In this article, the present and future outlook for human iPSC derived tissues is explored. Induced pluripotent stem cells (iPSCs) are differentiated cells that are reprogrammed into a pluripotent state, allowing a wide range of cell and tissue types to be derived from them.
Key findings include:
- iPSC technology is moving from a boutique phenomenon to industrialized cellular models.
- Increasing recognition by industry and regulatory bodies for detecting a variety of toxicities.
- Emerging utility for predicting cardio and neuro-related oncology adverse effects.
Human iPSC derived tissue
What is the current ‘state of the field’ for human induced pluripotent stem cell (hiPSC) derived tissue?
Over the past decade, there have been tremendous advancements in induced pluripotent stem cell (iPSC) technology and utility. Since its inception in 2007, with the revolutionary work of Dr. James Thompson at the University of Wisconsin-Madison (Madison WI USA), and Dr. Shinya Yamanaka at the Center for iPS Cell Research and Application at Kyoto University (Tokyo Japan) and subsequent recognition with a Nobel Prize in Medicine or Physiology in 2012, iPSCs have gained attention and notoriety as the technology has moved from scientific phenomenon to an implemented mainstay across industry and academia.
There is a significant need for human models in basic and applied research to fill the intertwined needs of developing more relevant experimental models while moving away from animal-based resources. Human iPSC technology meets these needs with the human origin fulfilling the promise of translatable models while allowing a migration away from, and reduction in the use of, animals in research.
The technology also provides an opportunity to create donor-specific iPSCs to enable previously unattainable studies of human tissues across multiple genetic backgrounds from samples with corresponding clinical or demographic data. Several groups have been involved in establishing iPSCs as a cutting-edge scientific tool.
One of the earliest and arguably the most influential was Cellular Dynamics International, now FUJIFILM CDI (FCDI) as FUJIFILM acquired CDI for $307 million in 2015. Based in Madison Wisconsin, FCDI has led the way in launching the technology as an industrial enterprise and making it commonplace across Big Pharma and Biotech companies.
The first, and perhaps most vital component of this effort, was defining rigorous manufacturing processes for proper care and control of the highly plastic iPSC population.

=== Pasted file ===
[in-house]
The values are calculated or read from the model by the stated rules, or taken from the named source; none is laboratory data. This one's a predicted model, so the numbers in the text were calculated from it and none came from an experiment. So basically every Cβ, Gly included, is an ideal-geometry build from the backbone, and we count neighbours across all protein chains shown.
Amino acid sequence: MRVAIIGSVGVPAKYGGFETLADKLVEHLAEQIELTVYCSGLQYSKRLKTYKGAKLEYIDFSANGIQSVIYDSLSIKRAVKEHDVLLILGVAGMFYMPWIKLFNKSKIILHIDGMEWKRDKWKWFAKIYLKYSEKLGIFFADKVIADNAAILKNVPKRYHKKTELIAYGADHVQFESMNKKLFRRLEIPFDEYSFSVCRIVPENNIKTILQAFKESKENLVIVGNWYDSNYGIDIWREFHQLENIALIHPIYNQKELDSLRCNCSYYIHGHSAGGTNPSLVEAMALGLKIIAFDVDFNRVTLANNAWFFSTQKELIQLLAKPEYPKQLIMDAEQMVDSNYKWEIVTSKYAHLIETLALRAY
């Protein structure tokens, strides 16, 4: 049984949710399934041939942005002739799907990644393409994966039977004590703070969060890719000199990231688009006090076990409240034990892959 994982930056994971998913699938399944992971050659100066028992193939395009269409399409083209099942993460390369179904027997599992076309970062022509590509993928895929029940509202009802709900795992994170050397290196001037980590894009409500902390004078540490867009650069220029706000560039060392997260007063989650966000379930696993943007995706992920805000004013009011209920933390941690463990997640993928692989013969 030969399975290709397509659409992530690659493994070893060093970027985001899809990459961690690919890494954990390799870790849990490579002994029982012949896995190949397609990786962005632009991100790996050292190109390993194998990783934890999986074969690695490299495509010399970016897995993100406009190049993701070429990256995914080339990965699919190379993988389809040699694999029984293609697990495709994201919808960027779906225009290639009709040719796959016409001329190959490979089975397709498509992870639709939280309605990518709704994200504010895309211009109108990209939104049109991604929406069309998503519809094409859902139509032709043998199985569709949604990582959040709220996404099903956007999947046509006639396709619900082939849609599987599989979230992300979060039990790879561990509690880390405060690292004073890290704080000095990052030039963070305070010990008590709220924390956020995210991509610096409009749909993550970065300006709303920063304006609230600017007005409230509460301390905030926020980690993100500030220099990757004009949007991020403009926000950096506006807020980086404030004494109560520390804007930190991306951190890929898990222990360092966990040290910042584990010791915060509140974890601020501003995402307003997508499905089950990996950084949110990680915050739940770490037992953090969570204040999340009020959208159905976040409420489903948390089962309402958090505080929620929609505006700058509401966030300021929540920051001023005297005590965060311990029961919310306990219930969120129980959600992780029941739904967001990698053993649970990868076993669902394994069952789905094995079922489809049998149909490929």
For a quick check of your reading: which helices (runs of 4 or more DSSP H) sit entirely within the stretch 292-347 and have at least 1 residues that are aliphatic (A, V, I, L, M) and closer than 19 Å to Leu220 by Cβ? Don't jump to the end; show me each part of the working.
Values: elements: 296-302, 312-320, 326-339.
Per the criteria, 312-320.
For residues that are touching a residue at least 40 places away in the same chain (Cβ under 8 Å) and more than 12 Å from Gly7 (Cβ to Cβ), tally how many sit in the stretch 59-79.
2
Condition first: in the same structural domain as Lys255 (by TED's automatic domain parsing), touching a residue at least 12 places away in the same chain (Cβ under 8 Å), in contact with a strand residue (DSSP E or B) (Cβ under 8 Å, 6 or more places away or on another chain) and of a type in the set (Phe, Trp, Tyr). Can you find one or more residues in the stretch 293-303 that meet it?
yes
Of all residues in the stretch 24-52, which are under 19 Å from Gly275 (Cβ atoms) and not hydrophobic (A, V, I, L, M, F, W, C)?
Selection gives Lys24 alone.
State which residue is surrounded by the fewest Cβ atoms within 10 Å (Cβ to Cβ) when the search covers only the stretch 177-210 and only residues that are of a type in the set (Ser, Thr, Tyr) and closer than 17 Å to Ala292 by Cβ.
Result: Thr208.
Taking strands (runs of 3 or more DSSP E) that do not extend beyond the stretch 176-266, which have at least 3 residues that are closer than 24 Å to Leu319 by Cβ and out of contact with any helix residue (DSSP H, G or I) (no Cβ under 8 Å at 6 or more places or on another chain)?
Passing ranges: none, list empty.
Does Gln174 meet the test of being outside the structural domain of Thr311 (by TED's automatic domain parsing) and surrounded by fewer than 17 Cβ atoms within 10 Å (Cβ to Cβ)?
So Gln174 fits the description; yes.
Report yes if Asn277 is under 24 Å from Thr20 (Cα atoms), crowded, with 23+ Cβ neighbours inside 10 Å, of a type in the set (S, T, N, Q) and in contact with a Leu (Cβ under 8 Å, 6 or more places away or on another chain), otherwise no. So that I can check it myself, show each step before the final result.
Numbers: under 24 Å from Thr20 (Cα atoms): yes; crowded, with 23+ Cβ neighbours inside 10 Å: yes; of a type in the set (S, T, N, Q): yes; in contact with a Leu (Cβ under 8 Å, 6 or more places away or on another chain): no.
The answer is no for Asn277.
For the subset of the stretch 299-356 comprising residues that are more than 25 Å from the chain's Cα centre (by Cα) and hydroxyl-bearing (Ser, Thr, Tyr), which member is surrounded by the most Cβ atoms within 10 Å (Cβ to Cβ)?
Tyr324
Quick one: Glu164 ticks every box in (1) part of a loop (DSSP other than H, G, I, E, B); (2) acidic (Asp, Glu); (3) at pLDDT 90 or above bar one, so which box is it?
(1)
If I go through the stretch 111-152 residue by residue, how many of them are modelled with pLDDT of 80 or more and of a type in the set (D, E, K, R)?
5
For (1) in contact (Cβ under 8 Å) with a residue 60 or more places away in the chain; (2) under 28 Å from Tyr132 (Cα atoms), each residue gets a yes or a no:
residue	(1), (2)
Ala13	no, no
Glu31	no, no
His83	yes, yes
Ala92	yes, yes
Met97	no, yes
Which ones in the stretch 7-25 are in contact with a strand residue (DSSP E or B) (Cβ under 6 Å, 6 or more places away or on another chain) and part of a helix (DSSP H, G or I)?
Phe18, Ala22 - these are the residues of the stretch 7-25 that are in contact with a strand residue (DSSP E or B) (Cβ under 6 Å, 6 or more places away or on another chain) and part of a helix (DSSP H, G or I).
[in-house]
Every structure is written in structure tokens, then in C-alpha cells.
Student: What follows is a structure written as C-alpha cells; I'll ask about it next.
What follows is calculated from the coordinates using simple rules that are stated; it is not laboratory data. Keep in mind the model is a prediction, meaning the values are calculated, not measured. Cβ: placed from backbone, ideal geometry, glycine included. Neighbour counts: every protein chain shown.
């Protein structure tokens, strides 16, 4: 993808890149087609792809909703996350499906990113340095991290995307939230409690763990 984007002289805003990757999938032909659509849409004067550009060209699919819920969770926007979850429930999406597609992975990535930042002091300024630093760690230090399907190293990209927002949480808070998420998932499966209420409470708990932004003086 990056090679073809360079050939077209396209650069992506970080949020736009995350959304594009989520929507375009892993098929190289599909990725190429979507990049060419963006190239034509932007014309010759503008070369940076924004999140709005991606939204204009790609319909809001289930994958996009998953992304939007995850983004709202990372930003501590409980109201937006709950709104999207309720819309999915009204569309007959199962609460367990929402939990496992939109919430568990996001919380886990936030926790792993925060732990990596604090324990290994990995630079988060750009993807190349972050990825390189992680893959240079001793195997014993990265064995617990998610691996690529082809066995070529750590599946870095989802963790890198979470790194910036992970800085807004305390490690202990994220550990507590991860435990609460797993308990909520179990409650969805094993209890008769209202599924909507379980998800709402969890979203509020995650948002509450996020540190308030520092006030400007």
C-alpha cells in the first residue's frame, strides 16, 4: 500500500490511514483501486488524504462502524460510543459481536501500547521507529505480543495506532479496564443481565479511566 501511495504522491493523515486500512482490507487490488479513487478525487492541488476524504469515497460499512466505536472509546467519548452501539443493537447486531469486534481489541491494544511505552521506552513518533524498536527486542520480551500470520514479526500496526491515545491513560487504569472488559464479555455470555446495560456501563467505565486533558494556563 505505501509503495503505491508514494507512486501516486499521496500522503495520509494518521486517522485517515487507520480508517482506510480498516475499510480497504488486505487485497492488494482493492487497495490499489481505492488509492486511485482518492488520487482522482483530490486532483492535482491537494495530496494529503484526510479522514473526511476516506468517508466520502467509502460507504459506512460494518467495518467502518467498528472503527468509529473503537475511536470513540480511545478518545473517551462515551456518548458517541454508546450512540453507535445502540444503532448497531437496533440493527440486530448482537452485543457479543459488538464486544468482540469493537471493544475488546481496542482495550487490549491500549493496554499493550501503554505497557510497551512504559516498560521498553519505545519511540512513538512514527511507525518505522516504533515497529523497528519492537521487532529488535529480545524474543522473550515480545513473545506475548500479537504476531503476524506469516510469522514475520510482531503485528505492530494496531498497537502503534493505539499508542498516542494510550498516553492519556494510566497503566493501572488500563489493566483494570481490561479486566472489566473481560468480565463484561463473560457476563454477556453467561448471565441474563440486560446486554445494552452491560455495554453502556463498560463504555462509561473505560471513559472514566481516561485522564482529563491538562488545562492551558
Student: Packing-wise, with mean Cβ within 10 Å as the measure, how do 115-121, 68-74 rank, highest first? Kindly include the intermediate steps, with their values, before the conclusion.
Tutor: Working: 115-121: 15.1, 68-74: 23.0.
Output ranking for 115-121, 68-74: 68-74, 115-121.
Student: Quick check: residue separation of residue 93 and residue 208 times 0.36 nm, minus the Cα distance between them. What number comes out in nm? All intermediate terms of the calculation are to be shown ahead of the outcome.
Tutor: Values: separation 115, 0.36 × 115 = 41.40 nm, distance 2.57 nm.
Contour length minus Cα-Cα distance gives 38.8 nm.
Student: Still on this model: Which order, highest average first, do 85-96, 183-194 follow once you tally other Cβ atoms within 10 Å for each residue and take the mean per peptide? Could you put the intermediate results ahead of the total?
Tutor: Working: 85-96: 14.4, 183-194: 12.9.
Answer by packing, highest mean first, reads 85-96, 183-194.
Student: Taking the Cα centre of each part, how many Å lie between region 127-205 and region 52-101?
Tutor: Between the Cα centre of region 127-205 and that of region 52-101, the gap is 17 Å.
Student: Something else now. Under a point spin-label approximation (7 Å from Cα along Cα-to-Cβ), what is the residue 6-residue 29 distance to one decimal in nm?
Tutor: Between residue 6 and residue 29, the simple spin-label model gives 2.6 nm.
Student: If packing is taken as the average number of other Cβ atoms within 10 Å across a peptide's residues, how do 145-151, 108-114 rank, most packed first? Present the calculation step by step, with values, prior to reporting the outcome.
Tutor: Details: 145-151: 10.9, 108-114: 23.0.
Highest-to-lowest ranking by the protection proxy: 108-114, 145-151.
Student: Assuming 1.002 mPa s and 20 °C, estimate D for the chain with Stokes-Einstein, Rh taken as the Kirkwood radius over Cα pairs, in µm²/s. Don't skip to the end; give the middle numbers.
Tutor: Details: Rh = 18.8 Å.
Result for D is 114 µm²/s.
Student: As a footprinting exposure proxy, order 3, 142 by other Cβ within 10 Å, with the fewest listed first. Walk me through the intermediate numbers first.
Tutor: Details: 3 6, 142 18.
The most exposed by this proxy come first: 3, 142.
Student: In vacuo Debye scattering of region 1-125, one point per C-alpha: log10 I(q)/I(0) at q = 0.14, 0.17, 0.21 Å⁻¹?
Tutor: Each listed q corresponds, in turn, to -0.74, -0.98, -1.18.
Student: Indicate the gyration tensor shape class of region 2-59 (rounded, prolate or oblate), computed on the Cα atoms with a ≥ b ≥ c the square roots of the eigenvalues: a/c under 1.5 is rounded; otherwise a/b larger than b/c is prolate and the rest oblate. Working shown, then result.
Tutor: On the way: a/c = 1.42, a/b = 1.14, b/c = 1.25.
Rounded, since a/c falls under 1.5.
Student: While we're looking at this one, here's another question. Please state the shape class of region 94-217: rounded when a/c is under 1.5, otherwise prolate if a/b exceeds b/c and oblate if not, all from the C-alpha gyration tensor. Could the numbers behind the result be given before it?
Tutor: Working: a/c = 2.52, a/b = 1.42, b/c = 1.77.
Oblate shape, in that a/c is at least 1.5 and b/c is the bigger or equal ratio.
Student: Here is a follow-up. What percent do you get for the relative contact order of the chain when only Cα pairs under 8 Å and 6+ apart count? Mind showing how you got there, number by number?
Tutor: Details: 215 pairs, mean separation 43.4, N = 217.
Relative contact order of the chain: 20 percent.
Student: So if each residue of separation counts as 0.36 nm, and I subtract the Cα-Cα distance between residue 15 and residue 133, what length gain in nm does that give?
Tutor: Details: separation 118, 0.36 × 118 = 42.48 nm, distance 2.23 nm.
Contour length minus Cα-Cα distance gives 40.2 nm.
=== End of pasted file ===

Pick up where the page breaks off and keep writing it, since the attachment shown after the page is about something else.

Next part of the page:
Second was the development of relevant and robust models (i.e., iCell Cardiomyocytes, iCell GlutaNeurons, and others) which FCDI achieved in large part through pharmaceutical and academic-based partnerships. Together, these have enabled large scale studies with pure consistent differentiated cells and has solidified FCDI as a leader in the field.
Human iPSCs as an Industry Workhouse
The key to the successful transition from laboratory observation to industry workhorse was predicated upon a faithful recapitulation and interrogation of the desired human biology. Both pillars are demonstrated by the relatively large (>100) number of peer reviewed publications and industry-wide use of CDI iCell and MyCell iPSC-derived tissue.
For example, early investigations at F. Hoffman-La Roche demonstrated that iCell Cardiomyocytes were a superior model for detecting QT prolongation and cardiac arrhythmia (Guo et al., 2011, 2013). This was followed by Merck and others using Ca2+ signaling as a surrogate marker for electrical activity (Zeng et al. 2016, Pfieffer et al, 2016), extended to predicting adverse drug-induced effects on contractility by AstraZeneca (Scott et al., 2014, Pointon et al., 2016) and even unraveling complex drug-drug interactions (Lagrutta et al., 2016).
Human iPSCs in Oncology
Another example of the iPSC revolution is in oncology therapy, which has been plagued by cardiotoxic and other adverse effects arising from both extended patient survival uncovering latent toxicities as well as unanticipated adverse events from new treatments.
Here again CDI iPSC-derived tissue cells are proving to be essential; from the use of iCell Cardiomyocytes for unraveling and predicting small molecule kinase inhibitor-mediated toxicity (Lamore et al., 2017), to accurately detecting off-target toxicity of T-cell receptor therapy (Cameron et al., 2013) and monoclonal antibody induced toxicity (Necela et al, 2017), or using iCell Neurons as a human-based model for chemotherapy-induced peripheral neuropathy (Wheeler et al 2015 Komatsu et al 2015 Morrison et al. 2016).
Government Initiatives for Human iPSC Technology
Government agencies and initiatives (e.g., FDA, HESI, JiCSA, CSaHI) are also recognizing the advantages of a consistent source of reproducible human material provided by iPSC technology. This is shown in the success of the Comprehensive in vitro Proarrhythmia Assay (CiPA) and Consortium for Safety Assessment using Human iPS Cells (CSAHi) initiatives and the large number of associated publications.
These initiatives are helping to shift the paradigm of proarrhythmia testing and will likely be incorporated, in some form, into future International Council for Harmonisation (ICH) of Technical Requirements for Registration of Pharmaceuticals for Human Use regulatory guidelines.